They also suggested to use ANT 2x2 2005 for client coverage and ANT 2x2 D607 for 802.11an group4.
I end up with a design contain 29 of MSR2000 and 91 of MSR4000.

I found the outdoor planner can only process a certain amount of APs.
Initially I load a KMZ with 120 APs and found the tool only display 80 locations.
Then I found when processing mesh point, it time out if I have more than 13 APs in the KMZ. (in this case all 13 are MSR4000 with ANT 2x2 2005 for 802.11bgn and ANT 2x2 5005 for 802.11an group4)
I don’t know why with this combination of antenna the tool does not give any error and finish the final coverage map.
Please see the zip file.

Re: Parameters of MSR 4000 in Outdoor Coverage Planning Tool

It's recommended to limit the number of APs per KMZ to around 40. Alot of that is a combination of the time required to process the file in the planner, but also what Google Earch can handle when that many points have that many models associated to it. You can then open the three 40-AP KMZ files at the same time to get the same visualization.

That said, why it's giving you fits with 13 MSR2k/4k is strange. Can you attach the original KMZ and I will see if it does the same to me? The attached file you sent, was that the one that worked or eventually processed?
Jerrod Howard
Sr. Technical Marketing Engineer
Occasional Contributor I

Re: Parameters of MSR 4000 in Outdoor Coverage Planning Tool

Last attachment "Link Road 3 New" is the one eventually processed.
I attached here the original KMZ file of Link Road which has 34 APs.
It times out in Outdoor Planner when calculating mesh point.
Then I reduce AP number to 18, still times out in planner.
Finally I reduce the number to 13 then got the coverage map "Link Road 3 New".

Re: Parameters of MSR 4000 in Outdoor Coverage Planning Tool

Are you configuring MSR4K with directionals, and setting the heading on each but leaving them all in the same channel? If you are doing that, the planner is likely choking on the fact that an AP aimed up the road will be able to hear and build a link to each AP in the chain, thinks you want that, and attempts to build it but chokes after trying to build a few hundred mesh links :)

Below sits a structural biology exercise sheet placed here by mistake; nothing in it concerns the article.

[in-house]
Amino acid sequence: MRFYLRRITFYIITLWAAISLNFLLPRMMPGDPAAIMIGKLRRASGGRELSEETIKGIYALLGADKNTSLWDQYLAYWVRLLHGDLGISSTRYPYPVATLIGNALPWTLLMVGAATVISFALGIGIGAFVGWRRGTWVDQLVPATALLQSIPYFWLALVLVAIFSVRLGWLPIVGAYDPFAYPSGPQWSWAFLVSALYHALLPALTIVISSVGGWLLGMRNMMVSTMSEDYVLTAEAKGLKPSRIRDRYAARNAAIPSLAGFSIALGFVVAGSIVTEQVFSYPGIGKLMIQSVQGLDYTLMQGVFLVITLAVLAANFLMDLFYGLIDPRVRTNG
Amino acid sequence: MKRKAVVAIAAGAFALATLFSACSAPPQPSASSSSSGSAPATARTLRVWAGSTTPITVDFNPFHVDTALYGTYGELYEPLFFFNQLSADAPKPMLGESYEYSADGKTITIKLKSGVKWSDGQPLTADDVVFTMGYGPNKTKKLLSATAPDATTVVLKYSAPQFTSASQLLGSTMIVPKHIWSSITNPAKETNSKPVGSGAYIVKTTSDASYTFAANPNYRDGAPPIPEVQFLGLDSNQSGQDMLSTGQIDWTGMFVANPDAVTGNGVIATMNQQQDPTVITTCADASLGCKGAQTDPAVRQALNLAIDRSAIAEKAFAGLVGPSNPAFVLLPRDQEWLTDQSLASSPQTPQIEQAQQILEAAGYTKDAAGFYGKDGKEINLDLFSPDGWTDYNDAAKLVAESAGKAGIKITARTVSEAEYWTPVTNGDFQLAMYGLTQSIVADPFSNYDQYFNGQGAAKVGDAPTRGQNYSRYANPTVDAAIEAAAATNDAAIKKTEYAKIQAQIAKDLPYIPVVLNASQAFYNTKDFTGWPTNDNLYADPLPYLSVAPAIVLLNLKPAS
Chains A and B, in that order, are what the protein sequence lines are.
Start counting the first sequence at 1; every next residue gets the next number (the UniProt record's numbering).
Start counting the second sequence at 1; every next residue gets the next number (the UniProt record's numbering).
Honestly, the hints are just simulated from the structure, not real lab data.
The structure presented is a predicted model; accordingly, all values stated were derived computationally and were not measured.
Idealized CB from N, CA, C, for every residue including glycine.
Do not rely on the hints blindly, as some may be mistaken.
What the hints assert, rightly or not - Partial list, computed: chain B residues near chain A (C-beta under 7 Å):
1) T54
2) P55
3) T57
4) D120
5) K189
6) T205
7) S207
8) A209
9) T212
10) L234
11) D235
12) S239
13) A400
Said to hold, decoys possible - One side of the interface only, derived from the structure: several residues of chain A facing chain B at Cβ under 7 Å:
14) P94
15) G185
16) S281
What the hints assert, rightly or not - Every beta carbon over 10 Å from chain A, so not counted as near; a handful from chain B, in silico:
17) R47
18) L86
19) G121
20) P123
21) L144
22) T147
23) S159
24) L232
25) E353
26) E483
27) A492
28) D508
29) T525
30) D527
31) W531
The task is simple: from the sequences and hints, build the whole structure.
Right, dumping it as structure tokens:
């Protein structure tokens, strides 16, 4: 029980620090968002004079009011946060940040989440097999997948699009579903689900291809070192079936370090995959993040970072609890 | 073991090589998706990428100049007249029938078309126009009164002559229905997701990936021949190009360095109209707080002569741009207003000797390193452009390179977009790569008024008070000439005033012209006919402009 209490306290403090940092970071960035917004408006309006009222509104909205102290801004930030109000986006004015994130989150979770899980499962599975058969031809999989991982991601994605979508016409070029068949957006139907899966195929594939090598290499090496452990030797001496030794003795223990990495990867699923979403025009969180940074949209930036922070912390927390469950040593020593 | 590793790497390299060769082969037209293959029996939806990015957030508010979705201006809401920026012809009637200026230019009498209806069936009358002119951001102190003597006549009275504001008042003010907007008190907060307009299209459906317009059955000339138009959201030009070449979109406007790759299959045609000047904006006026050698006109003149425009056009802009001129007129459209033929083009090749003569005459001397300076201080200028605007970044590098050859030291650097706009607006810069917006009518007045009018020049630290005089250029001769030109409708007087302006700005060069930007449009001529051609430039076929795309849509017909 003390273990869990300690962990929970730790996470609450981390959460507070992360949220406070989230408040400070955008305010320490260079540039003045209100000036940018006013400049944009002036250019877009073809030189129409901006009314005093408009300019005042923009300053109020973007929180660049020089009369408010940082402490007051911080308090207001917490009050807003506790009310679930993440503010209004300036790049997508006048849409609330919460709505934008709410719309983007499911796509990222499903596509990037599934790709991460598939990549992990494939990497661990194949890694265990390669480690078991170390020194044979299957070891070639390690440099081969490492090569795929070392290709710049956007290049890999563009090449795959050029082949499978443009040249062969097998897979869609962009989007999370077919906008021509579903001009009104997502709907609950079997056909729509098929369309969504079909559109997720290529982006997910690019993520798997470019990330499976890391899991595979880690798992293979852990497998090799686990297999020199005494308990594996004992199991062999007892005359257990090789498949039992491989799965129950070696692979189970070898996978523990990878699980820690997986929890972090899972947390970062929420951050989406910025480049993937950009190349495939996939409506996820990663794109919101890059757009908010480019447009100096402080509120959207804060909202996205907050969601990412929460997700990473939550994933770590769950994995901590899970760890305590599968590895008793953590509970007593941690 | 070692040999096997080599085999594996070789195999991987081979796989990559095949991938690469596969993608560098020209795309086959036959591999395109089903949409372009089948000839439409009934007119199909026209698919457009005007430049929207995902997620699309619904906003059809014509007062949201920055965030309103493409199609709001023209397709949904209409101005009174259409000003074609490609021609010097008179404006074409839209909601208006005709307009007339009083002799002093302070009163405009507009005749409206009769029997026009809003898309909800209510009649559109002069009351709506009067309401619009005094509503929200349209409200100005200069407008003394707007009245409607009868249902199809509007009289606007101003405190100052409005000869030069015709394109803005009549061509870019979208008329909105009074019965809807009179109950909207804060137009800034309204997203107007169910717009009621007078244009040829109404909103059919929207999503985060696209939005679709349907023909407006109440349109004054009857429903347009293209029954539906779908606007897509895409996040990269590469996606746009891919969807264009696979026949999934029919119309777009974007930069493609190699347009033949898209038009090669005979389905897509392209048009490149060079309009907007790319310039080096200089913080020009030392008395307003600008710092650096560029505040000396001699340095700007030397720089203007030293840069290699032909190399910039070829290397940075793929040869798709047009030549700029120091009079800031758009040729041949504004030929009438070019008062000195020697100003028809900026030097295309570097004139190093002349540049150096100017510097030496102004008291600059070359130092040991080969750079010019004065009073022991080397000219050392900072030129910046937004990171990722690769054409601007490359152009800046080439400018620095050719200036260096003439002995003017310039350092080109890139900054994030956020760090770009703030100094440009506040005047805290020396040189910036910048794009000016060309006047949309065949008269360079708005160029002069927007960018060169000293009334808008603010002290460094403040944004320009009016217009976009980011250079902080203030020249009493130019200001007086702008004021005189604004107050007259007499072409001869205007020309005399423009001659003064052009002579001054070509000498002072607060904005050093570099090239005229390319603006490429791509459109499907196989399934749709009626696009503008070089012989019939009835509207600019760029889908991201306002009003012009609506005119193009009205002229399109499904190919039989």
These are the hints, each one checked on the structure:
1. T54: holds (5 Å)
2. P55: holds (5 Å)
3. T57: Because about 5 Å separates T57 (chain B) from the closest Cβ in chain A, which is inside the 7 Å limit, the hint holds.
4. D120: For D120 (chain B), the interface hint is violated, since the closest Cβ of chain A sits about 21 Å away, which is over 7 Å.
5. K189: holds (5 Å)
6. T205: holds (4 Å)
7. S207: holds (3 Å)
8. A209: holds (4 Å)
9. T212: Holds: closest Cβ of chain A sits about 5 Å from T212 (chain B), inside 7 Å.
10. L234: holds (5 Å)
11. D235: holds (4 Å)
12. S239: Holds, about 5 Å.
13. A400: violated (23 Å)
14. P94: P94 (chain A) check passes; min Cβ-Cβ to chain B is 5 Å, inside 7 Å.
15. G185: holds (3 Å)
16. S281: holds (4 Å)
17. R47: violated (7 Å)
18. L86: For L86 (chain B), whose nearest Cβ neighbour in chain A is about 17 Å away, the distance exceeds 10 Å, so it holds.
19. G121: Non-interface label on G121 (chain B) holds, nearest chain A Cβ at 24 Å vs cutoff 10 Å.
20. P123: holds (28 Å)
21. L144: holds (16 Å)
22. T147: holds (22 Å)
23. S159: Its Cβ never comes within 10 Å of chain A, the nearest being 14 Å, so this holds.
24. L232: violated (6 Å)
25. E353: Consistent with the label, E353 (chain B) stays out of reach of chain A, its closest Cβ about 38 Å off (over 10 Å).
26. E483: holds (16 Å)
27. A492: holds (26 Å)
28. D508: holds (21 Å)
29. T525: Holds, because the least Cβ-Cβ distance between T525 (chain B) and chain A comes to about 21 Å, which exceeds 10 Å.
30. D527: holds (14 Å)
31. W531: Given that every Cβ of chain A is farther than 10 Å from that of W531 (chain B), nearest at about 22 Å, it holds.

Two options I can think of:
1 - manually assign links from AP to AP. the drawback is this is very time consuming and is likely prone to errors.
2 - lower the design margin on the mesh to an absurdly high level and hope that attenuates all but the closest links

Let me know what AP and antenna configuration you are trying that is choking the planner. I am trying to render on my end with 5010s, so we'll see how that finishes out.
Jerrod Howard
Sr. Technical Marketing Engineer

Re: Parameters of MSR 4000 in Outdoor Coverage Planning Tool

Attached is a render of MSR2Ks using ANT-2x2-5010 for mesh (3dB margin) and ANT-2x2-2005 for client coverage (6dB margin). It took about 5 minutes but it eventually popped out the other side. I have no doubt that using 5614s would create so many interconnected links that the planner would time out before it finished. I will submit this to the outdoor PLM to make a note of.
Jerrod Howard
Sr. Technical Marketing Engineer
Occasional Contributor I

Re: Parameters of MSR 4000 in Outdoor Coverage Planning Tool

Thanks a lot for your reply. Sadly the client choose another solution. I don’t know which product they will use but not Aruba.
However it’s good experience to play with the outdoor planner.
Now I am thinking if Aruba Mesh is the right solution for this kind of project.
It wouldn’t be good to see 120-300 poles standing on the site to provide the service. (The original Aruba proposal has 300 APs hence 300 poles)
I think a WiMAX solution will be more realistic.

Re: Parameters of MSR 4000 in Outdoor Coverage Planning Tool

If the coverage requirement is wide area, clear LoS, and low user densities, sadly something with much wider range like Cellular/LTE or WiMax is usually a much better fit for a number of reasons. Thanks for all the hard work though!
Jerrod Howard
Sr. Technical Marketing Engineer

Re: Parameters of MSR 4000 in Outdoor Coverage Planning Tool

Where can I find this planning tool?

If my post is helpful please give kudos, or mark as solved if it answers your post.

ACCP, ACCX #817, ACMP, ACMX #294